Madonna performs in Tel Aviv [VIDEO]

Anyone who believed that at the age of 51, Madonna should hang up her bondage gear and go gently into the good night of middle-of-the-road muzak would definitely think otherwise, had they been at her heart-stopping virtuoso performance in Tel Aviv on Tuesday night.

Madonna’s first of two concerts in Yarkon Park was not a musical experience: It was a whole body experience during which it was impossible to stay still.

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Madonna visits Western Wall

Madonna made a late-night visit to the Western Wall. Accompanied by bodyguards, Madonna on Sunday night visited Judaism’s holiest site and toured the attached underground tunnels. Madonna arrived in Israel, accompanied by her children, for two concerts in Tel Aviv.

The singer was scheduled to meet at the end of the week with Prime Minister Benjamin Netanyahu and opposition leader Tzipi Livni. Madonna last visited Israel in 2006 for Yom Kippur, which she celebrated with 2,000 other kabbalah followers. She has not converted to Judaism.

Mitzvah Freestyling


Growing up in the Oakland public school system, MC Hyim began freestyling when he was 8 years old. Today, he performs and produces conscious hip-hop, encouraging listeners to do tikkun olam — take the anger and pain from today’s society and transform it into something good: “As important as it is to acknowledge and understand the history of what we might call Babylon,” Hyim said, “it’s important to move beyond it. Though a lot of people are hurting, and we have a lot of anger, everyone needs to take responsibility for themselves — to be aware of how they are how they are negatively affected by our reality, and how to turn that into something positive.”

Hyim finds hip-hop to be a natural vehicle for his own tikkun olam, not only because of the influence of his secular environment, but also because of his Jewish roots: “Judaism is a religion of the Word, of the Book,” he said, “so it makes sense a lot of Jews would get into rap and hip-hop. Our culture is about literacy — about verbal and written and oral communication.”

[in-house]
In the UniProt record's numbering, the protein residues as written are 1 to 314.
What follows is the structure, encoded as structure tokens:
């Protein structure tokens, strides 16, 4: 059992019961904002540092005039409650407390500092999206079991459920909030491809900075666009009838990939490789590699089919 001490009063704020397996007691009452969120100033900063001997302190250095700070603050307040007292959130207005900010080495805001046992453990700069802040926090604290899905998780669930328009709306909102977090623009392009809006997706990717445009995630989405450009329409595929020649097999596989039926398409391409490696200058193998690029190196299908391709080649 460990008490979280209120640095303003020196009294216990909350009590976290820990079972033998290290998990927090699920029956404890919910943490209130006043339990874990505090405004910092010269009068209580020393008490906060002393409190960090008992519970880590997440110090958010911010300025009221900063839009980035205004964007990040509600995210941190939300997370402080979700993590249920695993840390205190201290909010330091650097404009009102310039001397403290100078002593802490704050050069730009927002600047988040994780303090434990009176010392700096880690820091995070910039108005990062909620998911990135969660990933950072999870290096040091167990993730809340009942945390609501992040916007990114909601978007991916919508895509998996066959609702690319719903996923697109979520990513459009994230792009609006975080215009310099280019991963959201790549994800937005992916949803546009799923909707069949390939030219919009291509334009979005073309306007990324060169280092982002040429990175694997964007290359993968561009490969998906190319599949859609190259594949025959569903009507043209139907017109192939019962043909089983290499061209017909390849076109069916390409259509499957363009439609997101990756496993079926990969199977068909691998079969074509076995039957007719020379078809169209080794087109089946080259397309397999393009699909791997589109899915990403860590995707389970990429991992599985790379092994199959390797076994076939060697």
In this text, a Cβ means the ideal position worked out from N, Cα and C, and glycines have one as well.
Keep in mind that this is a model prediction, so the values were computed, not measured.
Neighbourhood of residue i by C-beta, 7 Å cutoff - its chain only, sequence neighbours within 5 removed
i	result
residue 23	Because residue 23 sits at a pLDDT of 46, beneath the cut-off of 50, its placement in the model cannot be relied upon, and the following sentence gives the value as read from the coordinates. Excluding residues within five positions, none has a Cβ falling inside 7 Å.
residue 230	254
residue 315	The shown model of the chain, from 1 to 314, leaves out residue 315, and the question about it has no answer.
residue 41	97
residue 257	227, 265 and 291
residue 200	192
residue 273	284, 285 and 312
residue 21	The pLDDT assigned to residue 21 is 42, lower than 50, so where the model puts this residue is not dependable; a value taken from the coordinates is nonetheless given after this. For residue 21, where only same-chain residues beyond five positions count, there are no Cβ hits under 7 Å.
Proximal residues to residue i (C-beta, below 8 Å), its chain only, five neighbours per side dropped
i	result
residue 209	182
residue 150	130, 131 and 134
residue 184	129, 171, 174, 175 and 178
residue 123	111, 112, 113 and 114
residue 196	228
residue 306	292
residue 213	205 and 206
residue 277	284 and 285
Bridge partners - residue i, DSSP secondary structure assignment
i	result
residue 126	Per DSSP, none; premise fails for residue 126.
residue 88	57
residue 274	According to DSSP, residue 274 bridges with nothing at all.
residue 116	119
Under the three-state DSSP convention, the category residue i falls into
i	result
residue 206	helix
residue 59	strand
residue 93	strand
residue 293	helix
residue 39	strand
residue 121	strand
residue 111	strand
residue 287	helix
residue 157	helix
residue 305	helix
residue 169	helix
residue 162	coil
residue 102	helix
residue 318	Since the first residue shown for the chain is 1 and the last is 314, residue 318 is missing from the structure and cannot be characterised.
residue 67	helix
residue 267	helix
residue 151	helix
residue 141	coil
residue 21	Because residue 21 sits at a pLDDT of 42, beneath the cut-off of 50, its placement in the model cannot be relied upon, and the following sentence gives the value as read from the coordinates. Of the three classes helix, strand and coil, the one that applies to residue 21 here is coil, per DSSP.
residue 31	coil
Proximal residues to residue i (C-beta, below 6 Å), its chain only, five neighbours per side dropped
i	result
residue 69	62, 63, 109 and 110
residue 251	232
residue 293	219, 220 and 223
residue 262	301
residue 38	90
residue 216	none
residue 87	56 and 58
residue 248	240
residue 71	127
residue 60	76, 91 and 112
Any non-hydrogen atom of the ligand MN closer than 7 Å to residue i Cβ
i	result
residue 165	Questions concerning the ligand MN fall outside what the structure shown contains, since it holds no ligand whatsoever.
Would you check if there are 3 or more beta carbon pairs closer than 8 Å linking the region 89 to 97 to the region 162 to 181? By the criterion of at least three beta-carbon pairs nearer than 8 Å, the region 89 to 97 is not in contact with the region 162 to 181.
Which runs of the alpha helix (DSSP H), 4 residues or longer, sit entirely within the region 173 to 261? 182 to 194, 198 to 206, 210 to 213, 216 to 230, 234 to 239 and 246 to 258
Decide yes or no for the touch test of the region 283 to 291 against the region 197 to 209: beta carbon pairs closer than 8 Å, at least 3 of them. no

As a white Jew of Ashkenazi heritage, however, Hyim navigates through tensions regarding his participation in hip-hop culture: “There is always the question whether we are co-opting, recycling, participating in culture vulturism. I think the answer really depends on what your intention is. My intention is to celebrate the positive aspects of communication and a long history of storytelling — both of hip-hop music and Jewish heritage.”

The struggle, Hyim said, is in “how to pay respect to the people who created this art form. I pay respect by being honest — by not talking about things that are not true in my own life, by taking responsibility: When you have a mic and you’re amplified, you have to be aware of how your energy is affecting those ears. What are you offering? What are you supporting? What are you taking away? Hip-hop originally was about a party. You could close the door, have a party, have a DJ say, ‘Everybody clap your hands,’ do call and response. [Hip-hop] was about creating a safe space where everyone was participating. If you’re doing hip-hop provoking violence and separation, maybe you’re telling your own story, but you’re also supporting and validating something that isn’t going to be good for the children.”

Hyim will be performing at the CD release party for “Celebrate Hip-Hop,” during which he will showcase his freestyling talents. “I’ll have the audience call out some words,” he promises, “and I’ll go off on that.”